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Normally, on a usual aspx file, I can use System.Attribute at the begining of the page, like:

    [AuthorizePage()]
    public partial class _Default : System.Web.UI.Page
    {
        protected void Page_Load(object sender, EventArgs e)
        {
        }
    }

    public class AuthorizePage : System.Attribute
    {
         public AuthorizePage()
         {
            //do some stuff to authorize
         }
    }

And before the page initializes the Attribute's constructor runs and do some stuff to ensure a person is currently logged in, otherwise the attribute constructor Redirects user to a login page.

I wanted to do the same on a HttpHandler (ashx file), but the attribute never initializes when on a ashx page.

[AuthorizePage()]
public class AjaxHandler : MuCustomClassBase, IHttpHandler, IReadOnlySessionState
{
     //The interface implementations and some other custom private methods
}

I do an AJAX Call to this ashx page. Could this be the reason why the Attribute doesn't run? Or any other things I must know?

Eventually, I would be extremely happy to know How to run a Custom System.Attribute over an ashx file?

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3  
You're trying to re-invent ASP.Net MVC. –  SLaks Jan 7 '13 at 16:58

3 Answers 3

up vote 1 down vote accepted

Well first of all yes you are reinventing the ActionFilterAttribute in Asp.Net MVC. But, I have to ask if you really need to use attribute? I suggest you to use inheritance model. Let me simply explain; you might have a SecurePage : Page class that implements the security operations. You may then pass the security code that is related to the derived page.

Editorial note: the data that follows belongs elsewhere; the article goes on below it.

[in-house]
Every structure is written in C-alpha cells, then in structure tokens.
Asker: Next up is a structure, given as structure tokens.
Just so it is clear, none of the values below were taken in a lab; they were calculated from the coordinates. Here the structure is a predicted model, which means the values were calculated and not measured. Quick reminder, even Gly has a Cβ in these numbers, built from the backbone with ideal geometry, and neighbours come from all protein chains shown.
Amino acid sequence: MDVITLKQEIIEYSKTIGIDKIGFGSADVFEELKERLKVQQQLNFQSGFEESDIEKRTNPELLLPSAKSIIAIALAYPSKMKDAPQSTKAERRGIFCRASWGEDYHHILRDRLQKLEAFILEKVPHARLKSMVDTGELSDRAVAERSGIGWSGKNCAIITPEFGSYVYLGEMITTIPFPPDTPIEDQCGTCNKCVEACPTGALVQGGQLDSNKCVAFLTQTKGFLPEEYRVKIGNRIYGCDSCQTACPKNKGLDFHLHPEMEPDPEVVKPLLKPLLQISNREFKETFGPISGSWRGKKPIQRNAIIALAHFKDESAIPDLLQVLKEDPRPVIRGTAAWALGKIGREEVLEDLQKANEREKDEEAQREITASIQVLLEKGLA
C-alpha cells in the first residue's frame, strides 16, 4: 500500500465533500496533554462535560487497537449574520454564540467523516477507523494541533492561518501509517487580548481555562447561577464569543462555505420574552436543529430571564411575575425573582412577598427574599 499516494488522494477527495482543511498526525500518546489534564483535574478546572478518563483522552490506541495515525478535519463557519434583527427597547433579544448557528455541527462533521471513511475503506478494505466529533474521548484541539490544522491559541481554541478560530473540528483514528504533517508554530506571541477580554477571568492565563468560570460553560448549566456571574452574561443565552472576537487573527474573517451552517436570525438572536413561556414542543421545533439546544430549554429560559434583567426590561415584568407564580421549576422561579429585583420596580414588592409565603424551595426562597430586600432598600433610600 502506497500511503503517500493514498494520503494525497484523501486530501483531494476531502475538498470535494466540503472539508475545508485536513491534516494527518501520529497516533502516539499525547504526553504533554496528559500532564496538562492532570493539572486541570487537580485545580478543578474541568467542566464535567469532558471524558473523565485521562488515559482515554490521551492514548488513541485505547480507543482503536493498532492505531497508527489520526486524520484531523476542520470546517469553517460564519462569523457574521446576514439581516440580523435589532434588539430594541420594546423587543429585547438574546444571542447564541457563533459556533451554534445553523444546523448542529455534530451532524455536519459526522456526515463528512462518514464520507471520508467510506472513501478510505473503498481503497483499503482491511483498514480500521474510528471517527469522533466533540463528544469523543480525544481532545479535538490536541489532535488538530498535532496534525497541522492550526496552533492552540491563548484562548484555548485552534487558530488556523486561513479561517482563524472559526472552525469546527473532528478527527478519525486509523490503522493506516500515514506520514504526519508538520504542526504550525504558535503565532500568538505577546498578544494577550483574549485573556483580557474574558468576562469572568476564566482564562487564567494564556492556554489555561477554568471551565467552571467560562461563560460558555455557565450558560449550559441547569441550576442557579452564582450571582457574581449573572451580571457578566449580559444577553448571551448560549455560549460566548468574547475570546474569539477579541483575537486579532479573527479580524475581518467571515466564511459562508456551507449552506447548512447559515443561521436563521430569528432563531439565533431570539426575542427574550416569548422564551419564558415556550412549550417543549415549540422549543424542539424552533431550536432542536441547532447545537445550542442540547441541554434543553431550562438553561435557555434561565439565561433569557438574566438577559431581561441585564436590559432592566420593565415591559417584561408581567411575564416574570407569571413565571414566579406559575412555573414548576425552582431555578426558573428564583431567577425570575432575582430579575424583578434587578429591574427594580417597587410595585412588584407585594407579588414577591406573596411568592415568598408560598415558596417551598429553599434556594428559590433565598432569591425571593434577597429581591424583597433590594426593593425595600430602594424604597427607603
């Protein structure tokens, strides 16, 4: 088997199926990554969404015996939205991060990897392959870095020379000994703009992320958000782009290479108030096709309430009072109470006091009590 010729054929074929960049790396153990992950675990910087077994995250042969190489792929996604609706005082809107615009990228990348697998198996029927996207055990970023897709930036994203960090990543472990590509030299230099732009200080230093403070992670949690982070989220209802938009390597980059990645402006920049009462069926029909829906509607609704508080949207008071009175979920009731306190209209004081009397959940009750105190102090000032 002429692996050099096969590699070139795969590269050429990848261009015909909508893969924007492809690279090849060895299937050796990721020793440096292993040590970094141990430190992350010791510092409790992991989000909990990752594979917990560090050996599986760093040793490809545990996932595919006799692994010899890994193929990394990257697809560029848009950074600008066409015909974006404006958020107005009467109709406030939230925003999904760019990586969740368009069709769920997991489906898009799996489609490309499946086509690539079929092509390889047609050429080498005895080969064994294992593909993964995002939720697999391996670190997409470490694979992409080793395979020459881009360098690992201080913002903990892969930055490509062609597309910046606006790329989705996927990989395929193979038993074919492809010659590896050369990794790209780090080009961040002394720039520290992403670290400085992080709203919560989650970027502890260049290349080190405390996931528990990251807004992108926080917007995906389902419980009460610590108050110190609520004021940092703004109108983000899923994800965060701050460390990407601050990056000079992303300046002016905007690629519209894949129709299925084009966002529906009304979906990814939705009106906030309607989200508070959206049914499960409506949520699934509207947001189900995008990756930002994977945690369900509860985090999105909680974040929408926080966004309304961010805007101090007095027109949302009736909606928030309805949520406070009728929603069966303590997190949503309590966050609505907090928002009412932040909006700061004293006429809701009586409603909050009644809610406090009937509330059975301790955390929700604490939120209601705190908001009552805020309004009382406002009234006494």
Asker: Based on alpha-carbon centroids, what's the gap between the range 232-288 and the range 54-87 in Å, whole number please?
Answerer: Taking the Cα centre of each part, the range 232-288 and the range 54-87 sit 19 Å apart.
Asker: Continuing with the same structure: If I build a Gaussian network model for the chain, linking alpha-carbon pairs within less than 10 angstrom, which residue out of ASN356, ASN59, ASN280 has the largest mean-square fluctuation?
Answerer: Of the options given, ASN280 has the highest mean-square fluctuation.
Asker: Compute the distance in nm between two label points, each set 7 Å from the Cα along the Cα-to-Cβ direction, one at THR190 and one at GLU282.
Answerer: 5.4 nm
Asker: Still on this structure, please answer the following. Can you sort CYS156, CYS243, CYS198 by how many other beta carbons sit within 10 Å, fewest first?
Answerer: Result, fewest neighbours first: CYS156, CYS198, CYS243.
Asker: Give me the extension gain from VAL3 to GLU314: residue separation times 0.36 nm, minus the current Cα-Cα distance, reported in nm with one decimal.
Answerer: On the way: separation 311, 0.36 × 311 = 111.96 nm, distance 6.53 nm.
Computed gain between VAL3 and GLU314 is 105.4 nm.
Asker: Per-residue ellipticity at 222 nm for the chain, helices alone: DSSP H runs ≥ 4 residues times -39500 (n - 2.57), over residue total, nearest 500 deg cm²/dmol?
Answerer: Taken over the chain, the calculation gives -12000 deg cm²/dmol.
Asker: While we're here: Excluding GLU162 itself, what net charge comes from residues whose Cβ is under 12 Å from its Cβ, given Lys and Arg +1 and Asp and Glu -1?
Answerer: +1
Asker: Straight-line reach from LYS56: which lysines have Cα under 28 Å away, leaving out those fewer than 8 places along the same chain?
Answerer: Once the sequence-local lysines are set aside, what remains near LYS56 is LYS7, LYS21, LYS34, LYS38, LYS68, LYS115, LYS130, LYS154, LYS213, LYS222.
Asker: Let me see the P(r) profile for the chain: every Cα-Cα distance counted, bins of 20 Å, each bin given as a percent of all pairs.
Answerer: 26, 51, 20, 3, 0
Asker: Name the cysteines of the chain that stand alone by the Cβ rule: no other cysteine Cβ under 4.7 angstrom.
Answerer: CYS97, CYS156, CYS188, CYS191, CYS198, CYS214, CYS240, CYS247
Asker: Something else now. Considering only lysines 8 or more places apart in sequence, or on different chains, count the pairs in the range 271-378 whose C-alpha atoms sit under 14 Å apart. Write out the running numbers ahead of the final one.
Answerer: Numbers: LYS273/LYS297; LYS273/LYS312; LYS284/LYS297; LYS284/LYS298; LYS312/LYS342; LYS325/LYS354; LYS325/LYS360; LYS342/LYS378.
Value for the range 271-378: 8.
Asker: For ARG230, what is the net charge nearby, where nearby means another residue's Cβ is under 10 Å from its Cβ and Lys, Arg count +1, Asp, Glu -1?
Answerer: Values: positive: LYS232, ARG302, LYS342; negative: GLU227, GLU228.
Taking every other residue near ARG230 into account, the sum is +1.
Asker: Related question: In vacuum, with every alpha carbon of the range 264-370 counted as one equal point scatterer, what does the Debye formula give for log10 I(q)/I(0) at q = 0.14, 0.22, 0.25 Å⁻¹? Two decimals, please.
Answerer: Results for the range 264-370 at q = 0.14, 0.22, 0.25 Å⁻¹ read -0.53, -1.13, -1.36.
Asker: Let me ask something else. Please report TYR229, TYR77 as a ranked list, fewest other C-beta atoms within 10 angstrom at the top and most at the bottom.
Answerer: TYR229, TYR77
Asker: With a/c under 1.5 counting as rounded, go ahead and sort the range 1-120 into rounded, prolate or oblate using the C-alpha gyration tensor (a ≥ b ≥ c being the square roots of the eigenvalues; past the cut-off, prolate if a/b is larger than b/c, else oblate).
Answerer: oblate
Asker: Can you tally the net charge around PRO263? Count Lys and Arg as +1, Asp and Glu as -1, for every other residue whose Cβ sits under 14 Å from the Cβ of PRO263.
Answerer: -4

And if you insist on using attributes, you should intersect the handler mechanism by writing a base factory handler that routes to the needed handler. This handler should behave like a mediator object.

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Assuming you are using ASP.Net authentication, you can just add the .ashx to the list of protected pages in web.config and IIS/ASP.Net will take care of the rest:

  <location path="AjaxRequests.ashx">
    <system.web>
      <authorization>
        <allow users="?" />
      </authorization>
    </system.web>
  </location>

If you are using a self-built authentication scheme, you could override OnProcessRequest and perform the necessary authentication in that method, redirecting as needed.

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Thank you very much. But, it appears I forgot to mention that. I use my own authentication system. But again, thank you for the input. –  E-A Jan 7 '13 at 17:22
1  
I figured that might be the case; in this case, I suggest that you add the authentication code to OnProcessRequest. If you have multiple ashx pages, you could make a base class that they inherit from that always performs the authentication (this is how we have our apps structured). –  competent_tech Jan 7 '13 at 17:26

Attributes don't do anything by themselves. You can pile 10 random attributes on a class and nothing will really happen. Attributes just provide metadata about the class/method/property.

There should be a piece of code that looks at the metadata and act on it. Since you seem to be using custom AuthorizePageAttribute such piece of code either don't run for handlers or does not expect class that is not derived from Page to have such attribute.

To fix an issue you need to find what handles you custom attribute and fix it. You may need to add similar code to your handlers directly.

The fact that your code in constructor of attribute does something useful for a page class on every request to that page sounds suspicious - I'd expect such attributes to be created once per type instance. Relying on non-trivial code in constructor of an attribute to run per-instance of the class seems dangerous to my.

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